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BOOKS

BOOKS: Tale takes readers around the globe and across time

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In 1914, Marian Graves and her twin brother, James, are among the last to be saved when the Josephina Eterna sinks in the North Atlantic. With their father in prison and their mother gone, the two babies are bundled off to live with their Uncle Wallace, an artist in Missoula, Montana. Wallace, preoccupied with his painting, lets the kids run wild, and while James is a sweet-natured child, Marian is a daredevil who revels in the freedom to do what she wants.

That helps explain her attraction to the lifestyle of barnstorming aviators and her decision at 14 to drop out of school to learn to fly.

Fast forward a century. Actress Hadley Baxter, whose Hollywood stardom is somewhat diminished, is starring in a movie about the disappearance of Marian Graves in Antarctica.

The story of these two women takes us back and forth from past to present and around the globe in Maggie Shipstead’s “Great Circle” (Vintage Books 2021; $24).

The disappearance of a woman aviator is familiar. After all, movies and articles are still being written about Amelia Earhart, whose plane vanished in the Pacific Ocean in 1937. But there are many other female pilots from the early and mid-1900s, though they’re exploits are mostly forgotten now. Writing “Great Circle” required Shipstead to research and travel to give the book its authenticity. She visited the Arctic five times and Antarctica twice.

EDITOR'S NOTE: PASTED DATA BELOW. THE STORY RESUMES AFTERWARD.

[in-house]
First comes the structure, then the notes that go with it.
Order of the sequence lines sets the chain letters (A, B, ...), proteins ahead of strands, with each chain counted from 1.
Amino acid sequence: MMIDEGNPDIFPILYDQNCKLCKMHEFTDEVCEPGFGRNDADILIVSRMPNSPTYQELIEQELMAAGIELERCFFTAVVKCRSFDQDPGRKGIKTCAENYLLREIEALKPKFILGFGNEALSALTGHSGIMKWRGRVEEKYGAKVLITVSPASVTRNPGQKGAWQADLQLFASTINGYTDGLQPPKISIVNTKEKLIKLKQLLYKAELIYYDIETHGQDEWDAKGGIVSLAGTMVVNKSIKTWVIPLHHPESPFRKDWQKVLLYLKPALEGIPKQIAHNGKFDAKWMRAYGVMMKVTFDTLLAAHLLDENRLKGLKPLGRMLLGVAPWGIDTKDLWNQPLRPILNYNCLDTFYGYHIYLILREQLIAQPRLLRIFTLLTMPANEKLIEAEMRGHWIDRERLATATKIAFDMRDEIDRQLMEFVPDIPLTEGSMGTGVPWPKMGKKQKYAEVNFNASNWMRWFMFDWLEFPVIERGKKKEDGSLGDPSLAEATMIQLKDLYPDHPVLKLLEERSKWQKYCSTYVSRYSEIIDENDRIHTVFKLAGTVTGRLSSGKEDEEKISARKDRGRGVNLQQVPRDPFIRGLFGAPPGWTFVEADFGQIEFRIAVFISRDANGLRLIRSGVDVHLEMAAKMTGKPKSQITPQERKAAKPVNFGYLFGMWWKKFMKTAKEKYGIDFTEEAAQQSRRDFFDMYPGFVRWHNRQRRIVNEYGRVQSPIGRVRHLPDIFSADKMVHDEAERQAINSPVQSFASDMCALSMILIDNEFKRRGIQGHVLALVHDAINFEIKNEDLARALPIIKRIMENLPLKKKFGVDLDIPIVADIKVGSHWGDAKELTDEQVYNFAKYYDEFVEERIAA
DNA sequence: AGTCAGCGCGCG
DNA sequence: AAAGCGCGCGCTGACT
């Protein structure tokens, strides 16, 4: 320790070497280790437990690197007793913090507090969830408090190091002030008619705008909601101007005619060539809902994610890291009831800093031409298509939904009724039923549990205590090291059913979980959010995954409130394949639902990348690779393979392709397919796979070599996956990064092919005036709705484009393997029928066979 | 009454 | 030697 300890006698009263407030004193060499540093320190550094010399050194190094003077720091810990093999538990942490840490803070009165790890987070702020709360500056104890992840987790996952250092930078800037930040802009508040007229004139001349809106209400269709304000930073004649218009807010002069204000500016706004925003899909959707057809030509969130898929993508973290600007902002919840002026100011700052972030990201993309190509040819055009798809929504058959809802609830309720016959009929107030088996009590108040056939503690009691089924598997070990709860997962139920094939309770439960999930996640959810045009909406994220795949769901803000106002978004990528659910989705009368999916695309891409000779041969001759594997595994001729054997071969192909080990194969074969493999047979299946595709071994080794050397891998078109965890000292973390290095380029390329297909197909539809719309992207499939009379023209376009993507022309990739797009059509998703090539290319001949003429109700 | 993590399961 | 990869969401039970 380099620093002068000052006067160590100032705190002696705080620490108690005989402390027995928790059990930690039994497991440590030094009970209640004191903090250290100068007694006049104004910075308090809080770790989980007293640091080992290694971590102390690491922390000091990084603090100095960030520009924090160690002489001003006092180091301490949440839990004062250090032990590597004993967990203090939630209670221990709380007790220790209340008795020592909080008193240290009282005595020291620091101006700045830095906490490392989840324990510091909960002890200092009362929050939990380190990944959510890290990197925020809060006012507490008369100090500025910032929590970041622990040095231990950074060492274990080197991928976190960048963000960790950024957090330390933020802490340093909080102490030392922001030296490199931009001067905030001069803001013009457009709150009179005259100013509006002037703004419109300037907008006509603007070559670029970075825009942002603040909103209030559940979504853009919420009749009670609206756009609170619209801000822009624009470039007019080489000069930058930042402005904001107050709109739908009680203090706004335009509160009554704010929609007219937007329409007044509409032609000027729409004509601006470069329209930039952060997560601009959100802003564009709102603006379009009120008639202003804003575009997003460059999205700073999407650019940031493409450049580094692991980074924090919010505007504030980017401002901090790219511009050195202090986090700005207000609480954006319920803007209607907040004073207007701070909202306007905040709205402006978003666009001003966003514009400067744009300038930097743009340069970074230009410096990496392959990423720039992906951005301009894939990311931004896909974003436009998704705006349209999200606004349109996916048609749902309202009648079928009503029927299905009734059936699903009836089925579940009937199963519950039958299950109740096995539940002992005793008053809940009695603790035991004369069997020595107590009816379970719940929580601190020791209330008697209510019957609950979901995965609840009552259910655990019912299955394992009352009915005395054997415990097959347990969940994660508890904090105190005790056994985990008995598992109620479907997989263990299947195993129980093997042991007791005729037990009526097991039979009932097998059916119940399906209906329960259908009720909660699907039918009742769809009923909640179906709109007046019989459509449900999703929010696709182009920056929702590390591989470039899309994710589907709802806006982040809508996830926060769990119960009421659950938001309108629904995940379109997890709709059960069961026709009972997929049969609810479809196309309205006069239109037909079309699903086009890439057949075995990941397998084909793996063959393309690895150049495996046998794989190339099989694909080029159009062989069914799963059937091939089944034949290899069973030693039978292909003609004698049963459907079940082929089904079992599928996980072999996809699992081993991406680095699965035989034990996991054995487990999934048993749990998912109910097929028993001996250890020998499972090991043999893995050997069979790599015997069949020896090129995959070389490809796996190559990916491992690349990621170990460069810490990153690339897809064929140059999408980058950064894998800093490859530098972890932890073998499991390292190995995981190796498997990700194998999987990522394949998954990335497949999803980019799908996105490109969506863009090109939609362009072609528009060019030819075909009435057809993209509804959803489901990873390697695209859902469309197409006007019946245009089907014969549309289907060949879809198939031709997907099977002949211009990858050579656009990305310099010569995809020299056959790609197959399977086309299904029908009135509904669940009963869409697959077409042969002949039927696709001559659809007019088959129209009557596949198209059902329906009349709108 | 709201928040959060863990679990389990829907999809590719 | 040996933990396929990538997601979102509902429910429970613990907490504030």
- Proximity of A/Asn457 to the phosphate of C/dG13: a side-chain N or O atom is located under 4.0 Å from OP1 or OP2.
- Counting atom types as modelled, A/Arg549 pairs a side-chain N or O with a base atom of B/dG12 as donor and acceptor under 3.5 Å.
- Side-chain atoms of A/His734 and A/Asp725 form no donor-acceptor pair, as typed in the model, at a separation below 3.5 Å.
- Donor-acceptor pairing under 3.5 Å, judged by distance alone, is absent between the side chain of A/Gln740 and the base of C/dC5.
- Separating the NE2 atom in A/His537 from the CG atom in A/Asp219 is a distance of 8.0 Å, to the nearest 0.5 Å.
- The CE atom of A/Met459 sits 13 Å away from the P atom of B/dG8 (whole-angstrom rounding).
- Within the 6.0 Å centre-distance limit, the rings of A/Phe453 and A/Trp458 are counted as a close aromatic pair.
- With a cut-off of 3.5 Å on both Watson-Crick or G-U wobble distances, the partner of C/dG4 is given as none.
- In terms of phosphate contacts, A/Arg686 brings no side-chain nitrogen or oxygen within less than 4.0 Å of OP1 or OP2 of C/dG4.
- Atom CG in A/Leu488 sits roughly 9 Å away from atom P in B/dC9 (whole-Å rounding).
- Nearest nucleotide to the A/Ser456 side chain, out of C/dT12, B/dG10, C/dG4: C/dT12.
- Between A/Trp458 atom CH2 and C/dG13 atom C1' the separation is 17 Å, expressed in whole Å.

Why so many times, I asked Shipstead.

“I’m drawn to those regions by some weird instinct,” she said. “I think a lot of people are. But I’ve also been lucky to keep getting opportunities to go. Polar travel has become a bit of my specialty, so I’ve been sent on assignment to Alaska, the New Zealand subantarctic, Antarctica, the Canadian high Arctic twice, Greenland twice. I did an artist residency on a ship in Svalbard. In a way, one thing kept leading to another, and I have no complaints.”

The inspiration for “Great Circle” came to her in New Zealand. She was between books and a story line for her next novel that she had thought looked promising, wasn’t. In the airport, she saw the statue of early aviator Jean Batton, its base inscribed with her quote “I was destined to be a wanderer.”

She knew she had her book.

Given how much she has traveled, I wondered if Shipstead was destined to be a wanderer.

“Destined is probably strong,” she said. “I’ve always been interested in travel, but my life could have taken lots of twists and turns that would have precluded traveling as much as I have. Really, this book turbocharged my traveling because, A, I was motivated to get to more and farther flung places in the name of research, and B, it took so long to write the book that I had the chance to start writing for travel magazines.”

I next asked if she ever considered becoming a pilot given her interest in the subject.

“Never,” was her response. “My brother used to fly C-130s in the Air Force and wanted to be a pilot from childhood, so that was always his territory.”

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